# A Few Thoughts on Cryptographic Engineering

semantic security refers to the concept that an attacker who sees a ciphertext should learn no more ( or very little more ) data than an attacker who does not see the ciphertext at all. This should hold even when the set of possible plaintexts is minor, potentially even chosen by the attacker himself .
Because it ’ sulfur unmanageable to formalize the definition above, we typically use a different definition that ’ mho known to be equivalent. This definition is called “ Indistinguishability under Chosen Plaintext Attack ”, or just “ IND-CPA ” for short .
The definition is formalized as a game between an adversary and some honest “ Challenger ”. For the subject of populace identify encoding the plot looks like this :

1. First the challenger generates an encryption keypair, and sends the public key $pk$ to the adversary. (It keeps the secret key.)
2. Next, the adversary selects a pair of messages $M_0, M_1$ (of equal length) and sends them to the challenger.
3. The challenger picks a random bit $b \in \{0,1\}$ and encrypts one of the two messages as $C^* \leftarrow {\sf Encrypt}(pk, M_b)$. It sends back $C^*$ to the adversary.
4. Finally, the adversary outputs a guess $b'$. We say the adversary “wins” if it guesses correctly: that is, if $b' = b$.

As mentioned in early articles, the adversary can always win with probability 1/2, precisely by guessing randomly in step ( 4 ). So we ’ re not interested in whether the adversary wins at all. alternatively we ’ re concern in the adversary ’ randomness advantage, which is to say : how much better he does than he would if he good guessed randomly.

We can express this advantage as | Probability Adversary Wins – 1/2|. ( This probability is taken over many runs of the experiment and all the randomness used — it ’ s not just the adversary ’ s success after one plot. ) An attacker who wins with probability precisely 1/2 will have “ zero ” advantage in the IND-CPA game. In general for a scheme to be IND-CPA dependable it must hold that for all possible ( time-bounded ) adversaries, the adversary ’ s advantage will be negligibly small .
One obvious bill about the IND-CPA game is that the attacker has the public key. ( Recall that he gets it in footstep [ 1 ] ). So sometimes people, upon seeing this definition for the inaugural time, propose the following strategy for winning the game :

1. The adversary picks two messages and then encrypts both of them using the public key.
2. When the adversary receives the ciphertext in step (3), he just compares that ciphertext to the two he generated himself.
3. Voila, the adversary can always figure out which message was encrypted!

If the encoding scheme is not randomized — mean that every prison term you encrypt a message using a given public winder, you get the same accurate ciphertext — this attack works perfectly. In fact it works therefore well that an attacker who uses this scheme will constantly win the IND-CPA plot, meaning that such a system can not possibly satisfy the IND-CPA security definition .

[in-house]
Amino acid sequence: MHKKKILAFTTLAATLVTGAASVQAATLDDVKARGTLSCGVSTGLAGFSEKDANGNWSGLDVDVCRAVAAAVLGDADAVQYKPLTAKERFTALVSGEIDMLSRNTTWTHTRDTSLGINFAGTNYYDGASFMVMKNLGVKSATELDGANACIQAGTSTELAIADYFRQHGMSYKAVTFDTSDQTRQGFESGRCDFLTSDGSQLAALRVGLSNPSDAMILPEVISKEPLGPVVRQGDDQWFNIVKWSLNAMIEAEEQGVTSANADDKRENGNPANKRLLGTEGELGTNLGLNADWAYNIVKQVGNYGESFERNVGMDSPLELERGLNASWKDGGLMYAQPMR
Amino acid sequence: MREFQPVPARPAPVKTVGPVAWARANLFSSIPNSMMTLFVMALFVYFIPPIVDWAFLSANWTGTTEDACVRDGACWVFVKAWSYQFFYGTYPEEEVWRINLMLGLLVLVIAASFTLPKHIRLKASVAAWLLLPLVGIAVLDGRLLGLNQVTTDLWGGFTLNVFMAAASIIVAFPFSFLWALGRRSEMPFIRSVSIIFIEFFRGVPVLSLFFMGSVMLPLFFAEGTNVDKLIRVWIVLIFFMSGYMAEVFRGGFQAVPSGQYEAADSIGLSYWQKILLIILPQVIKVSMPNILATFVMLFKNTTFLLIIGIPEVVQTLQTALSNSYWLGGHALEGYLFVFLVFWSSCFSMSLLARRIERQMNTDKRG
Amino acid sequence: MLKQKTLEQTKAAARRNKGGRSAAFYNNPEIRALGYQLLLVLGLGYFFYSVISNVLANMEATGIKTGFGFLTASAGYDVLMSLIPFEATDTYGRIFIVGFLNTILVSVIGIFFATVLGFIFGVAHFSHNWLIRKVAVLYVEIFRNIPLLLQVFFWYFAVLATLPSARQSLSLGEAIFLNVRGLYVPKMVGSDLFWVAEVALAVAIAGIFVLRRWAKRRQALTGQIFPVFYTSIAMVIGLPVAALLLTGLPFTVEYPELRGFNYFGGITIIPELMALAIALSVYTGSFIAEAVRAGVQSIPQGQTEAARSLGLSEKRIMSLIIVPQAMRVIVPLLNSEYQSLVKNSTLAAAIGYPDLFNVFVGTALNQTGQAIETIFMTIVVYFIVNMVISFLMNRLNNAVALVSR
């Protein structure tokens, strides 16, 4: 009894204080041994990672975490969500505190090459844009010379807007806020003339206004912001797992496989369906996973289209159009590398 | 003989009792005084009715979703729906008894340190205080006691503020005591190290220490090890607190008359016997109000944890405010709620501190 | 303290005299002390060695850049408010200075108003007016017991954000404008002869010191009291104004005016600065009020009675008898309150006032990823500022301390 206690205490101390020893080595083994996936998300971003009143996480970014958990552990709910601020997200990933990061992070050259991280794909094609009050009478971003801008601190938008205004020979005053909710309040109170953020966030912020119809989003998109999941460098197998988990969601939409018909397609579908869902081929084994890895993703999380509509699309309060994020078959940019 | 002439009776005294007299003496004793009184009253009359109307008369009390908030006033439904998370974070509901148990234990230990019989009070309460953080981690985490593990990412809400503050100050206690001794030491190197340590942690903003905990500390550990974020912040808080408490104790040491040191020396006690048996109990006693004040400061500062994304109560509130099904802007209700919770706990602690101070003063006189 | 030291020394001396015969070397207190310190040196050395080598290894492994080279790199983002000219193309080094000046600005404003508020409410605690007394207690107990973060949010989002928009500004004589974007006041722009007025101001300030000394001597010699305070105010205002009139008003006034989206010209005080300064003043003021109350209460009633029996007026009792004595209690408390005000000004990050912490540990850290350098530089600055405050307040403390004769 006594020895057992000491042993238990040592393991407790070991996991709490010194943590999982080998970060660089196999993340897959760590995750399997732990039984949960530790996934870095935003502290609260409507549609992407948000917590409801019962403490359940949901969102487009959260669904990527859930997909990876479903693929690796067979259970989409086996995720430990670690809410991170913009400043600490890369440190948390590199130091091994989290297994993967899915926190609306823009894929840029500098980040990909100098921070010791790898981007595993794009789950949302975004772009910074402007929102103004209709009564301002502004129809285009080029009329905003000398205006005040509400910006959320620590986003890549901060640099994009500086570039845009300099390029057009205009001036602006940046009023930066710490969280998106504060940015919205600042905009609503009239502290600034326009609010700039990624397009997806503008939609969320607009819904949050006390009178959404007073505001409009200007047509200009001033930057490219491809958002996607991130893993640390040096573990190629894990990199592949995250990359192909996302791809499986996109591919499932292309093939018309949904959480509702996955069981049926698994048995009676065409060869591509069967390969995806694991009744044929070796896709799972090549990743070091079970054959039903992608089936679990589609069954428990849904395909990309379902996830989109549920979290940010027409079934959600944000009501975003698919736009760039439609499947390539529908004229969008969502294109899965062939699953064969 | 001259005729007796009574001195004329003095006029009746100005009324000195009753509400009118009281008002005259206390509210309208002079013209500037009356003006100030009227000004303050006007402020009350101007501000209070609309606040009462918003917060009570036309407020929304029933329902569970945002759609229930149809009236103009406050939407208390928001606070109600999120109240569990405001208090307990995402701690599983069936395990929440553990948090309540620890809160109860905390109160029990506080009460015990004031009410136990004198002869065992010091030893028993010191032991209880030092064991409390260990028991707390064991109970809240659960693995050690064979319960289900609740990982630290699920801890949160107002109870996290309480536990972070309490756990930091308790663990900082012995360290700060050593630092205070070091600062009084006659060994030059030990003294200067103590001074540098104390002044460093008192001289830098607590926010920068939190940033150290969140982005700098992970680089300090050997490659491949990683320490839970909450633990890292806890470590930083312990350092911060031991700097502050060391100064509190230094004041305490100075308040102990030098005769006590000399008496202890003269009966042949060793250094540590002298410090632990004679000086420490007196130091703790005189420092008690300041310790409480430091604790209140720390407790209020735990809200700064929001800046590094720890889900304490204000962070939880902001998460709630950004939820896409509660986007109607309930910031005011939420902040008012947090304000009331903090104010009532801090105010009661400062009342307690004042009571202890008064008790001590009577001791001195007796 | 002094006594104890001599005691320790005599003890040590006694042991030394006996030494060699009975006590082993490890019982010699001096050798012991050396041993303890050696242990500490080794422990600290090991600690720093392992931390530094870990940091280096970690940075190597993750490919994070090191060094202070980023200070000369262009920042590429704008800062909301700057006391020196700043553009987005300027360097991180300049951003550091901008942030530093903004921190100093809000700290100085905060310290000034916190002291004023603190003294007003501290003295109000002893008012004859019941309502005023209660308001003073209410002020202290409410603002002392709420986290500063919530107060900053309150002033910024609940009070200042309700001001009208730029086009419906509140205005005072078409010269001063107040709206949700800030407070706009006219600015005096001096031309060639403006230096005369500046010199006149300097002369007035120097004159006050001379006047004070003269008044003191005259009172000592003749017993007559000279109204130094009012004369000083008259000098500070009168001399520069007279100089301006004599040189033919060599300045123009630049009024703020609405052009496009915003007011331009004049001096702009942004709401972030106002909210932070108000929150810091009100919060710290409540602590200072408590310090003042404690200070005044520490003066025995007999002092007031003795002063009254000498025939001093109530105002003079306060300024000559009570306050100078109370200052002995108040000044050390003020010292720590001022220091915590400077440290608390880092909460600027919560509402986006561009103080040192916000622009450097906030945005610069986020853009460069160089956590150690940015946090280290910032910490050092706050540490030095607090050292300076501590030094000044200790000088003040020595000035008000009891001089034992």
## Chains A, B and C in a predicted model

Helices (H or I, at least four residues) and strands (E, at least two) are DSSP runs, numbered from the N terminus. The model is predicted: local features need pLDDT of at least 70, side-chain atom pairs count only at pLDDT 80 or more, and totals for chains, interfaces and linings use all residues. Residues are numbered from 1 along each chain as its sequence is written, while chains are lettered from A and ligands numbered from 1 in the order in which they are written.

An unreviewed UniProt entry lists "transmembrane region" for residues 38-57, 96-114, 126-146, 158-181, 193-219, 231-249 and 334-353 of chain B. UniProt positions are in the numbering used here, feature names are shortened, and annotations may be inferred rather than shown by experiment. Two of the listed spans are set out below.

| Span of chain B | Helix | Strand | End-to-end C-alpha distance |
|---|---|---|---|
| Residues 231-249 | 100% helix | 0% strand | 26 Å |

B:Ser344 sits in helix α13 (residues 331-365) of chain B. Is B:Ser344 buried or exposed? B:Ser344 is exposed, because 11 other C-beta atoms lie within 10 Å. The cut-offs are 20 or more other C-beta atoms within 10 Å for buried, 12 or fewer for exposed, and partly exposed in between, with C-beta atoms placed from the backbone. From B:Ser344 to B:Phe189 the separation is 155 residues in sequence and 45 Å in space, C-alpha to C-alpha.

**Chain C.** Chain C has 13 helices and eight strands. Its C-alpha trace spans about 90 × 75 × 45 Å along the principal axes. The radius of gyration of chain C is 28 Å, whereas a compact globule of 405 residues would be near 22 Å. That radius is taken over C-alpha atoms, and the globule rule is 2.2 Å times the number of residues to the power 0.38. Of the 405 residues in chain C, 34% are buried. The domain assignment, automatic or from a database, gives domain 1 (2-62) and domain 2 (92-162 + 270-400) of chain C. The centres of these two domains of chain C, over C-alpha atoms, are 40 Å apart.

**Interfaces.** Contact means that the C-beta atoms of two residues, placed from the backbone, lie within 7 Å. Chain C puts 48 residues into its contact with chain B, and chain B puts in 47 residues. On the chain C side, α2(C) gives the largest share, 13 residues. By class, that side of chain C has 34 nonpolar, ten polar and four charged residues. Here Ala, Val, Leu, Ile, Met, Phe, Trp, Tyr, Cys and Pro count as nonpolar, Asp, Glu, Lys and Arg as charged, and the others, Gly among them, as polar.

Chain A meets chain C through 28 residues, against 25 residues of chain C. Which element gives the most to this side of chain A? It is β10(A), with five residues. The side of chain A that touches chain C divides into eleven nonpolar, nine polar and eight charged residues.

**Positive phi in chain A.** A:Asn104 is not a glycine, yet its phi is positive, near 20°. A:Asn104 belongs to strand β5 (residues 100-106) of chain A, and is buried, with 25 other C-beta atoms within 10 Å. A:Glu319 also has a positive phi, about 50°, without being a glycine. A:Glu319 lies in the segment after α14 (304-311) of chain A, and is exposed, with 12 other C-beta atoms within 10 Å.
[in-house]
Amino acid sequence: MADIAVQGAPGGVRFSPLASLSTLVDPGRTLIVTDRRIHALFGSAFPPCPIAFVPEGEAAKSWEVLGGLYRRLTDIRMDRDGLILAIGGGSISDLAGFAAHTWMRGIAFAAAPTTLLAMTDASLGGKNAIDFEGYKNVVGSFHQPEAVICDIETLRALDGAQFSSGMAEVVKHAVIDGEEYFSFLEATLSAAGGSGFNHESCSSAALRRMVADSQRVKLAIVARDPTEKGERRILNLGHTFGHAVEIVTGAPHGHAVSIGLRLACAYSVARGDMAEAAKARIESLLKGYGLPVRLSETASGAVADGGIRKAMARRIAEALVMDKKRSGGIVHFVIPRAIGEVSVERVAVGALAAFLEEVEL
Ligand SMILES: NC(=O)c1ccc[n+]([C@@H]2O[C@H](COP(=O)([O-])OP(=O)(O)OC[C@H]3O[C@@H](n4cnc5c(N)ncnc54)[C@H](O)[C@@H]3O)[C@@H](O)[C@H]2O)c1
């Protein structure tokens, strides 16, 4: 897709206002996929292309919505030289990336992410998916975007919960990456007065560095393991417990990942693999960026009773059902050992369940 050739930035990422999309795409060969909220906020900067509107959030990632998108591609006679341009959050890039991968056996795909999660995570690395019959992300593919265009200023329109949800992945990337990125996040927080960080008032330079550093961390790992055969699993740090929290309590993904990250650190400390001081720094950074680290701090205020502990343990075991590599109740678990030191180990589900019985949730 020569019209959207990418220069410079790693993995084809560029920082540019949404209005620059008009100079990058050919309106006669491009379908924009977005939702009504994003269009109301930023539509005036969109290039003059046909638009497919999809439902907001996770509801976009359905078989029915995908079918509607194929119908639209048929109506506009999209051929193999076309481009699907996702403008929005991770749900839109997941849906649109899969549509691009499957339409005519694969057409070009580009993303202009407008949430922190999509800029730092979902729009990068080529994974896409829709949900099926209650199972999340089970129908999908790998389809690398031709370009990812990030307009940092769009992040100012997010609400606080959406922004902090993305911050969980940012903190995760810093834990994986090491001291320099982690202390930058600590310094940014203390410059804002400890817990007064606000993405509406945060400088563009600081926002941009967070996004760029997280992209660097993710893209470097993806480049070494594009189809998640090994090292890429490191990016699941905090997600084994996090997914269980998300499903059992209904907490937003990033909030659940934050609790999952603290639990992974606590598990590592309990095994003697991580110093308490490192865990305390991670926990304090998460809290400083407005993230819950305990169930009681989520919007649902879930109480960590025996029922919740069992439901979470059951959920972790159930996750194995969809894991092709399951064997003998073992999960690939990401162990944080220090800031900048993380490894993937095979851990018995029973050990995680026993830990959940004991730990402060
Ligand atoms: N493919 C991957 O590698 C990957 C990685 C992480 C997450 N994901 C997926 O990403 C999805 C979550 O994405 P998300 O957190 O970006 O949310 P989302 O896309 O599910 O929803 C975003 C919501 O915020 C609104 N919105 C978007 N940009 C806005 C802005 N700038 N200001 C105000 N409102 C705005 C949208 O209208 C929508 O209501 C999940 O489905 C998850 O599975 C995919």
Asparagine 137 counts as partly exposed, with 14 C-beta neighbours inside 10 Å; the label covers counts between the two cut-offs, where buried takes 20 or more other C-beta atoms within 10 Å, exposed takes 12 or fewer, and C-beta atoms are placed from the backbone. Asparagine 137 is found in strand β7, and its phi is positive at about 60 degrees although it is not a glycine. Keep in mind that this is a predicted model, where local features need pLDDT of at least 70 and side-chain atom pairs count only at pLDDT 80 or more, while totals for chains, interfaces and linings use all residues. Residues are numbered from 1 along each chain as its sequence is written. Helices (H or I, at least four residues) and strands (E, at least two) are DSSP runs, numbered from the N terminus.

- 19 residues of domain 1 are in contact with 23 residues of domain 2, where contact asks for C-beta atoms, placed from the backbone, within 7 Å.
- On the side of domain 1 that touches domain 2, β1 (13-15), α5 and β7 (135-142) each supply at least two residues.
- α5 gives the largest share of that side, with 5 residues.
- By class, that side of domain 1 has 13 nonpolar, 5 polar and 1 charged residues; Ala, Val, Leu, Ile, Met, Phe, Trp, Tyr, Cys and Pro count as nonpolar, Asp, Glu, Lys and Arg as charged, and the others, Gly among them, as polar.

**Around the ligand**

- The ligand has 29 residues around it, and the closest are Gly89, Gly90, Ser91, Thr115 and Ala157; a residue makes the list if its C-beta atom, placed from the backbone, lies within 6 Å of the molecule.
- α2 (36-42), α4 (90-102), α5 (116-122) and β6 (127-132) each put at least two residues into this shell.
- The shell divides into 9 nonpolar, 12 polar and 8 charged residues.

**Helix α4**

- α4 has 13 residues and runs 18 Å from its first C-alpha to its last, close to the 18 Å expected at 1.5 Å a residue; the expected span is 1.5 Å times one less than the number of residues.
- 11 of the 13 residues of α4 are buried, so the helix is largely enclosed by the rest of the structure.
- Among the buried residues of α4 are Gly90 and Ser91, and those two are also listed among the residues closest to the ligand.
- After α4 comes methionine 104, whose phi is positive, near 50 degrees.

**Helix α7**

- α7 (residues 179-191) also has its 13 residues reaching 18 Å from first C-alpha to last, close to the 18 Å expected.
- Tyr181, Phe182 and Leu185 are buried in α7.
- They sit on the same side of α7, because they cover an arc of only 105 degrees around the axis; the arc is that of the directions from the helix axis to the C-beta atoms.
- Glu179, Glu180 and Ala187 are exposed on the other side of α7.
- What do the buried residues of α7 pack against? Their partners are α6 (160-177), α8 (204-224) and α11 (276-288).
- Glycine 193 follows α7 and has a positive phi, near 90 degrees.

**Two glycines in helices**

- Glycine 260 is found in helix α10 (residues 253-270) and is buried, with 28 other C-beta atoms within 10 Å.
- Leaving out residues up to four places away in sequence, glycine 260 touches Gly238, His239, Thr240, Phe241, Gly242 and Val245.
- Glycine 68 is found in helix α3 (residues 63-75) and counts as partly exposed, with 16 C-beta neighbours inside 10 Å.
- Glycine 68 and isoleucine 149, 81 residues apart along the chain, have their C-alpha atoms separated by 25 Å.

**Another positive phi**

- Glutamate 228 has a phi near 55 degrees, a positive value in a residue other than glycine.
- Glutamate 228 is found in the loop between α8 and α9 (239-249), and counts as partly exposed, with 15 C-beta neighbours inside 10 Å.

The implication therefore, is that in order to satisfy the IND-CPA definition, any public-key encoding outline must be randomized. That is, it must take in some random bits as region of the encoding algorithm — and it must use these bits in generating a ciphertext. Another way to think about this is that for every possible public key and message $(pk, M)$ there are many possible ciphertexts that the encoding algorithm can output, all of which are valid encryptions of $M$.

We see this practice of randomization in many real-world encoding schemes. For example, most RSA encoding is done using some sort of “ encoding padding ” schema, like OAEP or ( the identical unwrap ) PKCS # 1v1.5. Algorithms like Elgamal ( and derivatives like ECIES ) besides use randomness in their encoding .
The authoritative takeaway here is that this use of randomness in the encoding algorithm international relations and security network ’ triiodothyronine just for playfulness : it ’ randomness required in order to get semantic security .
The case of symmetric encryption. As a annotate, it ’ mho besides worth mentioning that IND-CPA can be applied to symmetrical encoding. The major differences in that definition are ( A ) that in step ( 1 ) there is no populace key to give to the adversary, and ( B ) to replace this lost functionality, the rival must provide an “ encoding ” oracle to the adversary. specifically, that means that the rival must, when requested, code messages of the adversary ’ mho choice using its clandestine key. This can happen at any decimal point in the game.

The caveats about deterministic encoding besides enforce in the symmetrical font, and for basically the lapp reason. In short : ciphertexts must be diversified in some room so that two different encryptions of the same plaintext do not produce the lapp ciphertext. If this was not the shell, then the adversary could easily win the game .
The only major remainder is that in the symmetrical jell, this diversification doesn ’ metric ton always need to be done with randomness. Some schemes use “ express ”. For exercise, it ’ s possible to build an encoding outline where the rival keeps a elementary counter between messages, and uses this buffet in place of “ true ” randomness. ( A good model of this is CTR mode encoding, where the attacker ensures that initial counters [ IVs ] never recur. ) This obviously merely works in settings where there is a individual encryptor, or all encryptors are guaranteed to not repeat unlike counters .